U.S. Streetcar Systems- Georgia – Savannah
Began Operation: 2008
Route Miles: 1 mi.
Org: Transit Agency
Schedule: Wed-Sun Noon-7
John Smatlak photo
Streetcars last plied the streets of this famous Southern port city in 1946. In 2008, the streetcar has returned as an urban circulator and tourist attraction. An initial one mile demonstrator line began operation along a section of city-owned track in 2008. The operation uses a rebuilt Australian streetcar that has been transformed into a high-tech self-propelled vehicle. The line runs in-street on River Street along the Savannah River, including a section of trackage in cobblestone pavement passing directly through a bustling entertainment district.
The Savannah streetcar concept has been brewing for some time. In 2003, the local public transportation provider, Chatham Area Transit (CAT), proposed restoration of streetcar service on a four-mile line along River Street and Martin Luther King Jr. Blvd. Goals for the proposed system included aiding visitor mobility within the downtown and riverfront areas, reducing congestion in the city’s historic district, and helping foster local economic development.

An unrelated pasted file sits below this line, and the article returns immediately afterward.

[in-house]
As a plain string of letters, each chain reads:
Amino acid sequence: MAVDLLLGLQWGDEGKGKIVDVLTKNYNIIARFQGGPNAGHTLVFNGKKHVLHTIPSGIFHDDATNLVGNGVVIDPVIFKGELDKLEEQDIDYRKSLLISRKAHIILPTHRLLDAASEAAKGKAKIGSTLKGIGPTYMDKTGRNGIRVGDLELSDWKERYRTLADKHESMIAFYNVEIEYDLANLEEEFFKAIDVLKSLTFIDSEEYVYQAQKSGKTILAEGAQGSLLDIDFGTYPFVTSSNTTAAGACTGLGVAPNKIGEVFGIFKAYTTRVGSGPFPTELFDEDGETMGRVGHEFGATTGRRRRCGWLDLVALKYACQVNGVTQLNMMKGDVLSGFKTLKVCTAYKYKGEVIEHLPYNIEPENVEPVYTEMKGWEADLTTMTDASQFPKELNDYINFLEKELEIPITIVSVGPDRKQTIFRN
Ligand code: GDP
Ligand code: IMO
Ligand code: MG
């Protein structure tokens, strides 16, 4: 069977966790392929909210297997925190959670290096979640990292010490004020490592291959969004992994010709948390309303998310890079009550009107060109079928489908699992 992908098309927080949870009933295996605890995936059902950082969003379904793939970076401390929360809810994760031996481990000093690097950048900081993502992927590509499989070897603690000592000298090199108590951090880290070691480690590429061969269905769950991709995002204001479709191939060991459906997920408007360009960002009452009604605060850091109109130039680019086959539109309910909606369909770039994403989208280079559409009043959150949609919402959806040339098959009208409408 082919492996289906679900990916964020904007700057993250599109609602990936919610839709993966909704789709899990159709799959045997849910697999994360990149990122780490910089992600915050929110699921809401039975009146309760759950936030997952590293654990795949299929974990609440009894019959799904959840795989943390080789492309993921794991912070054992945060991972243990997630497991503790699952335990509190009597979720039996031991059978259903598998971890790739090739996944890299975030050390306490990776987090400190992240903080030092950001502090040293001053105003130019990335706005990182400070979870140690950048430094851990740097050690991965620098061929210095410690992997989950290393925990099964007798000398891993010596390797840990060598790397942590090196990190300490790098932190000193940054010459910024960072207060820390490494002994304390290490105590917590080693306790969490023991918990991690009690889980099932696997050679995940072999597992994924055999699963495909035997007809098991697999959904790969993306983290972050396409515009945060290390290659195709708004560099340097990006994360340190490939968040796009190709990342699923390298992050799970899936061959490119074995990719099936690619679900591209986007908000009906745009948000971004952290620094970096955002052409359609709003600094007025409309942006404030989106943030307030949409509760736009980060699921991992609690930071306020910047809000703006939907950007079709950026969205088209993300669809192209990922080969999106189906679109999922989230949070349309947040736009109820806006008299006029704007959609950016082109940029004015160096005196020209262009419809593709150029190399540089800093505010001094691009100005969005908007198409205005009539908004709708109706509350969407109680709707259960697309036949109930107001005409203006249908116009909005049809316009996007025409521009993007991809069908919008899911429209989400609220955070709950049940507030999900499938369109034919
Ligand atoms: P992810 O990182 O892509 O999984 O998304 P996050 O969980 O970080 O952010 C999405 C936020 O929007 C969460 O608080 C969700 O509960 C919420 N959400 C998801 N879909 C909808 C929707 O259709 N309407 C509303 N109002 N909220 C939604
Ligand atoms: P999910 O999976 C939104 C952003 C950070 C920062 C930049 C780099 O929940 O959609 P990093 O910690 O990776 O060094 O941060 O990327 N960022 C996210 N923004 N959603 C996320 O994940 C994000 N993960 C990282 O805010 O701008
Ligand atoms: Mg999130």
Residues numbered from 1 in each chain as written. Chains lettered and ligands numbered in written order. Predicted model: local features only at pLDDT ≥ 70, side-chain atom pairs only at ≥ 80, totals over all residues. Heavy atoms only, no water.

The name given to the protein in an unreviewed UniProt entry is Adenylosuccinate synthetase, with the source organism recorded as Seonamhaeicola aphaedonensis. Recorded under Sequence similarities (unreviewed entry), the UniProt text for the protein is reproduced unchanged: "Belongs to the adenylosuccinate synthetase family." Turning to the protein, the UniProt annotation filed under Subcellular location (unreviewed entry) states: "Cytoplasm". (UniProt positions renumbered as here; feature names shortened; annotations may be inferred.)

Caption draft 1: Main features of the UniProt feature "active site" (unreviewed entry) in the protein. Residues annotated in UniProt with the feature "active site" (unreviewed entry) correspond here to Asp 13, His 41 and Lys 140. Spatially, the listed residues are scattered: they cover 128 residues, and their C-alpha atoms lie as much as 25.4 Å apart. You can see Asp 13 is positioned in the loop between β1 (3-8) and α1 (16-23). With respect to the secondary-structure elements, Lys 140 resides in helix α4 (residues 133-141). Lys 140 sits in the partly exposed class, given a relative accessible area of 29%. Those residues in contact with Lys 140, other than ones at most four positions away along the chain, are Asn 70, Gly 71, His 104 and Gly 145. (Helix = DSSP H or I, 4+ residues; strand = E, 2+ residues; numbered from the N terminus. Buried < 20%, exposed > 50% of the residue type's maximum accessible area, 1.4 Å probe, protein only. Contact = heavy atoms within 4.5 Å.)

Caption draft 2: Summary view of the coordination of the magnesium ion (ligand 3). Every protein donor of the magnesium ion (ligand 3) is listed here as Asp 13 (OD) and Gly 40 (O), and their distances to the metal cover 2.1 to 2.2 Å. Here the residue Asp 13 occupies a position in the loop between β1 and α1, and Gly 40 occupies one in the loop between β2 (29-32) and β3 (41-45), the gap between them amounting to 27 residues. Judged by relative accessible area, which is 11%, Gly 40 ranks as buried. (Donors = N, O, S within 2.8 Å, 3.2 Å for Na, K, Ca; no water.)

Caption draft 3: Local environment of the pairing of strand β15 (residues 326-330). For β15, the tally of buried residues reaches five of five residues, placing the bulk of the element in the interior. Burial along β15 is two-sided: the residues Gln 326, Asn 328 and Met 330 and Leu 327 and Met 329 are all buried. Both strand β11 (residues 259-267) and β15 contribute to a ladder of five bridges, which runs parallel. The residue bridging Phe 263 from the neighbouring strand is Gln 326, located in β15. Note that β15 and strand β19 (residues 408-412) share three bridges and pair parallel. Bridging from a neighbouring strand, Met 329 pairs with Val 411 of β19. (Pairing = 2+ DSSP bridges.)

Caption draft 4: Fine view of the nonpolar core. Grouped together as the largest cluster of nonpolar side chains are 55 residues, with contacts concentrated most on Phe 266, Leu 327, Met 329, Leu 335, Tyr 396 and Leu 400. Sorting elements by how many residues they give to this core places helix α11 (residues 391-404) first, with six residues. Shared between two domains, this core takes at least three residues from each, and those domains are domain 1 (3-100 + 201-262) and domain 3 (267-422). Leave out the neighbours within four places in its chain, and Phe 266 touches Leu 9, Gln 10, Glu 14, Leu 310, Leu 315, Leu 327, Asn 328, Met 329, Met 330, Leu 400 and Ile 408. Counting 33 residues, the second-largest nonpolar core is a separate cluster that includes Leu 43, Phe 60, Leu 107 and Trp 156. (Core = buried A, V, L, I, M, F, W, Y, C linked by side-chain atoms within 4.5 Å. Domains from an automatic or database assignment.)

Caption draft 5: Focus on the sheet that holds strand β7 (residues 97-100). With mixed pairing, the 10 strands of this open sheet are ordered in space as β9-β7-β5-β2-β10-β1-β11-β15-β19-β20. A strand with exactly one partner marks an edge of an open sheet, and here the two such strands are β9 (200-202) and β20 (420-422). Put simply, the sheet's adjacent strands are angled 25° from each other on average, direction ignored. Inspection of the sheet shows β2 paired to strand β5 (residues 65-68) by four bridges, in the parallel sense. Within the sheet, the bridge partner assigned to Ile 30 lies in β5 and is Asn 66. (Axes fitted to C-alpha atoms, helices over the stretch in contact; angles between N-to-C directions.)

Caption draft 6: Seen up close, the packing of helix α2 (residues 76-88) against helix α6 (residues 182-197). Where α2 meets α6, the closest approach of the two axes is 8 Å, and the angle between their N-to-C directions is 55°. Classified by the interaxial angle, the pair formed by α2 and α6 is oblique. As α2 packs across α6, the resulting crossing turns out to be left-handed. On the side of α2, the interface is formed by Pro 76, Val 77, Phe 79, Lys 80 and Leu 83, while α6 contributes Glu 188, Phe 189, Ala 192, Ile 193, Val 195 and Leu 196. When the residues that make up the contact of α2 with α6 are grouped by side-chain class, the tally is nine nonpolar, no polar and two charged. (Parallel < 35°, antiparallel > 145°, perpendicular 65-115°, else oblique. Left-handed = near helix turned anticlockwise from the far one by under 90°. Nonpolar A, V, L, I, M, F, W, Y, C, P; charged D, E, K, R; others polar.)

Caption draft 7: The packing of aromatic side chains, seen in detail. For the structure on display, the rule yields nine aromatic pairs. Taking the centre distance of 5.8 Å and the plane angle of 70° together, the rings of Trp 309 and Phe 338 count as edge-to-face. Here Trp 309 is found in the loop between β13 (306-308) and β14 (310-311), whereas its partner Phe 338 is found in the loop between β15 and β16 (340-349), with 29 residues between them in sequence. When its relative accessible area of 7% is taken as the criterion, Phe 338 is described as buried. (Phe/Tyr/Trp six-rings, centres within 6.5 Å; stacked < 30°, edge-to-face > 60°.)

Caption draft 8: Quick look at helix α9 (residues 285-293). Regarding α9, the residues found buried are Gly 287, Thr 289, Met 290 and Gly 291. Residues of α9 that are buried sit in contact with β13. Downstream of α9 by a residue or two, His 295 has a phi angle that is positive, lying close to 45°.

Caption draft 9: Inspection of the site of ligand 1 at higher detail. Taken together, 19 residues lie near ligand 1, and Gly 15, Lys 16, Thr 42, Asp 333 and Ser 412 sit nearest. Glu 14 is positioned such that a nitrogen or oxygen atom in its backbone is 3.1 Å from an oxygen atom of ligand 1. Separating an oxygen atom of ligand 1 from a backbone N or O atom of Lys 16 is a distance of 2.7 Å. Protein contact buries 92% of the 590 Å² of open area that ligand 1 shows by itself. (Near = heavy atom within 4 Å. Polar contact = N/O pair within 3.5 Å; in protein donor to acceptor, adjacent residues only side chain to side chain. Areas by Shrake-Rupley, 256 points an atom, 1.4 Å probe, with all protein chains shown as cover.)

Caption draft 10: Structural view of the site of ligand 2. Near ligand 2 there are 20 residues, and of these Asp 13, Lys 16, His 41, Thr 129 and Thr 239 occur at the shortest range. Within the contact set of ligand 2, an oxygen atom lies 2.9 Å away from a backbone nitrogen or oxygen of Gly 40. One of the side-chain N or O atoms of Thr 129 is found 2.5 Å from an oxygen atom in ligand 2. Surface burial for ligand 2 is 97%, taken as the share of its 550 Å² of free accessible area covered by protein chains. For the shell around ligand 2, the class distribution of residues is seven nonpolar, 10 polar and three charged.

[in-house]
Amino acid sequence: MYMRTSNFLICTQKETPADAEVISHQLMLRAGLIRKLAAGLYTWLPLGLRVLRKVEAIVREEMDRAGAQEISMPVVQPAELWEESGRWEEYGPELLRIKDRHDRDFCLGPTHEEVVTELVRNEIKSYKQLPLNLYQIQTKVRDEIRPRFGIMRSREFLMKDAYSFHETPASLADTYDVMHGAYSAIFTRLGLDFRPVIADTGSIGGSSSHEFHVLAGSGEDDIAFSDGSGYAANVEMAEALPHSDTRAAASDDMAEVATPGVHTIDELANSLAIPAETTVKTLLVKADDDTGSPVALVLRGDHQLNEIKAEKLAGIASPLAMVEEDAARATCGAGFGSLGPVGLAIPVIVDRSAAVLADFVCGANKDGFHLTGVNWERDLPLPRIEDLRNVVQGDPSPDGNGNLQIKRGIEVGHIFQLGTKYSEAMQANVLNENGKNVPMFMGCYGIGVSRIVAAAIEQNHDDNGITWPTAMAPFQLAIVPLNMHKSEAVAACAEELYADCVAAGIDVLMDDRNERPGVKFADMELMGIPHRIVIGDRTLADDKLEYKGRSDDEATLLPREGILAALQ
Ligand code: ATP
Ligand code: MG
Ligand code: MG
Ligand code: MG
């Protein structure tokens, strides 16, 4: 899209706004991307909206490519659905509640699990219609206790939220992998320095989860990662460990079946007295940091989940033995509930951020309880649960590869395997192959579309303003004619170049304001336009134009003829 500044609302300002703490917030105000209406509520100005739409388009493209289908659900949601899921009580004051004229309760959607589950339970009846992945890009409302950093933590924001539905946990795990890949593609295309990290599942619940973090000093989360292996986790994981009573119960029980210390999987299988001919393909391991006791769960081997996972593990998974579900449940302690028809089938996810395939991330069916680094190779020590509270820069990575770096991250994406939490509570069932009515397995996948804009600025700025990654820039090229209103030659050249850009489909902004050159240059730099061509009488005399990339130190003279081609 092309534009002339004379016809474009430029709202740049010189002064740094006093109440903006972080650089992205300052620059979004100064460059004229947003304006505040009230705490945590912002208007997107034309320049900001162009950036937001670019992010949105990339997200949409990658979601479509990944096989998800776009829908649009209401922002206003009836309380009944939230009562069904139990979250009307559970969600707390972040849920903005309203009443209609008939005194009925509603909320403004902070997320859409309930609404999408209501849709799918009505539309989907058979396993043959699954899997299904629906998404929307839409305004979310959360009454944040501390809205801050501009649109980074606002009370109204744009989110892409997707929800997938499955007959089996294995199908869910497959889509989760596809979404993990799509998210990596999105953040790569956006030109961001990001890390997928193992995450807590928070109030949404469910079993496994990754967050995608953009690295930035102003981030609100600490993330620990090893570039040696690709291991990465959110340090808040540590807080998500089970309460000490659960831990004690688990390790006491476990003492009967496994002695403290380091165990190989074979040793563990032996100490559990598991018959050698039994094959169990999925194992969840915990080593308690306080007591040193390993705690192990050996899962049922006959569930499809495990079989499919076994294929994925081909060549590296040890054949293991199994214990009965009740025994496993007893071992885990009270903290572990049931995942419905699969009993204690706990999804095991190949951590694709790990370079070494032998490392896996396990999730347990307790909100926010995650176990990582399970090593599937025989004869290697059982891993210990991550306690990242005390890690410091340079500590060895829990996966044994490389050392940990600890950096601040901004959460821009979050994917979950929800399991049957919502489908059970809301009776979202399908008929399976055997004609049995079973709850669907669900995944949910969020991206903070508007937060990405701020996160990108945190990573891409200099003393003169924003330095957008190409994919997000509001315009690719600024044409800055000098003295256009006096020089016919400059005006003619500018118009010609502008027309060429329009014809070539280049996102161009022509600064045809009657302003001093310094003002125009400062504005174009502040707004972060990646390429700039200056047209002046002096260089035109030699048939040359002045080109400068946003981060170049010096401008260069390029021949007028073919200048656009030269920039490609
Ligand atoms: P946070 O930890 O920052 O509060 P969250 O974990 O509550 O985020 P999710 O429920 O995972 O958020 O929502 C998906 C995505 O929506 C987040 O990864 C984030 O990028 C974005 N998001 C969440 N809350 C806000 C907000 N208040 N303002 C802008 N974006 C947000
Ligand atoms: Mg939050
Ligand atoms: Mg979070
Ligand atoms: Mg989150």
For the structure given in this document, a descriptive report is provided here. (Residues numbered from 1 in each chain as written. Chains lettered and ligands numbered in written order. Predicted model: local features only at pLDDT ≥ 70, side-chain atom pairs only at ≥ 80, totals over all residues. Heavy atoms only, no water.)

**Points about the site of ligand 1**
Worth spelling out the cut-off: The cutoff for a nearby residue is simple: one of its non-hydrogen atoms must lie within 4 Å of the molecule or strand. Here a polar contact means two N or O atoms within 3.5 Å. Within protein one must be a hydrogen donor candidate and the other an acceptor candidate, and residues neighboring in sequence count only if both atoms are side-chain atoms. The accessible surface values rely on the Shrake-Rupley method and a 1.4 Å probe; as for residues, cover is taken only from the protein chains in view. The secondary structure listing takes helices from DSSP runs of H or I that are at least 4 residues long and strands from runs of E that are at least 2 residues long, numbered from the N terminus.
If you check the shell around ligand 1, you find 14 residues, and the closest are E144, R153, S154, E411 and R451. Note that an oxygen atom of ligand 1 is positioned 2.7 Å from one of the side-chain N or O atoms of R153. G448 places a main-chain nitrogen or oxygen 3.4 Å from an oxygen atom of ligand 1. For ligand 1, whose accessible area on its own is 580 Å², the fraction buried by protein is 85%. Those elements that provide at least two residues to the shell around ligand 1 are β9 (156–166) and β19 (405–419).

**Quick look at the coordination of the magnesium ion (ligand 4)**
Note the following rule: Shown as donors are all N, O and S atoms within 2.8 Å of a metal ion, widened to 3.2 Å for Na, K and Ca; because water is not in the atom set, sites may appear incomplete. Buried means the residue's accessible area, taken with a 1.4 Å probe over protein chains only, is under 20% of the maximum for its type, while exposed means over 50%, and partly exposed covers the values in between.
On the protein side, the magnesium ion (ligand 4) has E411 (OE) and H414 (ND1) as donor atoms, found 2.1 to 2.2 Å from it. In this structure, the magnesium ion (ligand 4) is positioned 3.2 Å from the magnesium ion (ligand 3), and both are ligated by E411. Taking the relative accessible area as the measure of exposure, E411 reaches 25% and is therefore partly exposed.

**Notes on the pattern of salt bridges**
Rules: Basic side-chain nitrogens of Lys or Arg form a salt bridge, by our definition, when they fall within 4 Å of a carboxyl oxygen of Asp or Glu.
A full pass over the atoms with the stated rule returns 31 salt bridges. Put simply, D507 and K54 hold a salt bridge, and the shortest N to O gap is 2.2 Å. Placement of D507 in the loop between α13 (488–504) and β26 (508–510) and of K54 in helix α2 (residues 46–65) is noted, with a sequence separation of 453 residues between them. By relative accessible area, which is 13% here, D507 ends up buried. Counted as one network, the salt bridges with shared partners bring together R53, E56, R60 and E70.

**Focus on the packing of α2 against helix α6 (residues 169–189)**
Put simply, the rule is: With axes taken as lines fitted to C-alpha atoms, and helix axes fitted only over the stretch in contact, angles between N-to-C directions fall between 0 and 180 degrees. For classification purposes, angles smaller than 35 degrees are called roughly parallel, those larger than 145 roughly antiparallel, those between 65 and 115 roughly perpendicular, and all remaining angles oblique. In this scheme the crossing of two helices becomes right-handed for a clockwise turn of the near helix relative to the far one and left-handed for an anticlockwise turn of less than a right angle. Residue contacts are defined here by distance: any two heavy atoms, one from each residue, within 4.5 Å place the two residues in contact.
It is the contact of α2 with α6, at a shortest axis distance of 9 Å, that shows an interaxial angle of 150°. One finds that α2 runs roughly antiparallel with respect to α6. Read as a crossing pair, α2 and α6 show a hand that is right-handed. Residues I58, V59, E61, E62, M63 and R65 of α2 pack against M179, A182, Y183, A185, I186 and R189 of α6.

The line itself is an existing freight track that the City purchased following a lengthy negotiation with the owning railroad. The lightly used 4.3 mile railroad branch line parallels the Savannah River near Downtown. A feasibility study was conducted by Team Inc. and Stone Consulting & Design, including an examination of several different route options. All of the proposed routes incorporated the trackage along River St. With the sale of the trackage to the City, plans once again began moving ahead, leading to the demonstration service on River St. in 2008.
The car itself is a high-tech rebuild of a 1920s era Australian streetcar, equipped with an on-board generator and energy storage system and an entirely new propulsion and braking package.
and ferry service map from Savannah
DOT website. Click to enlarge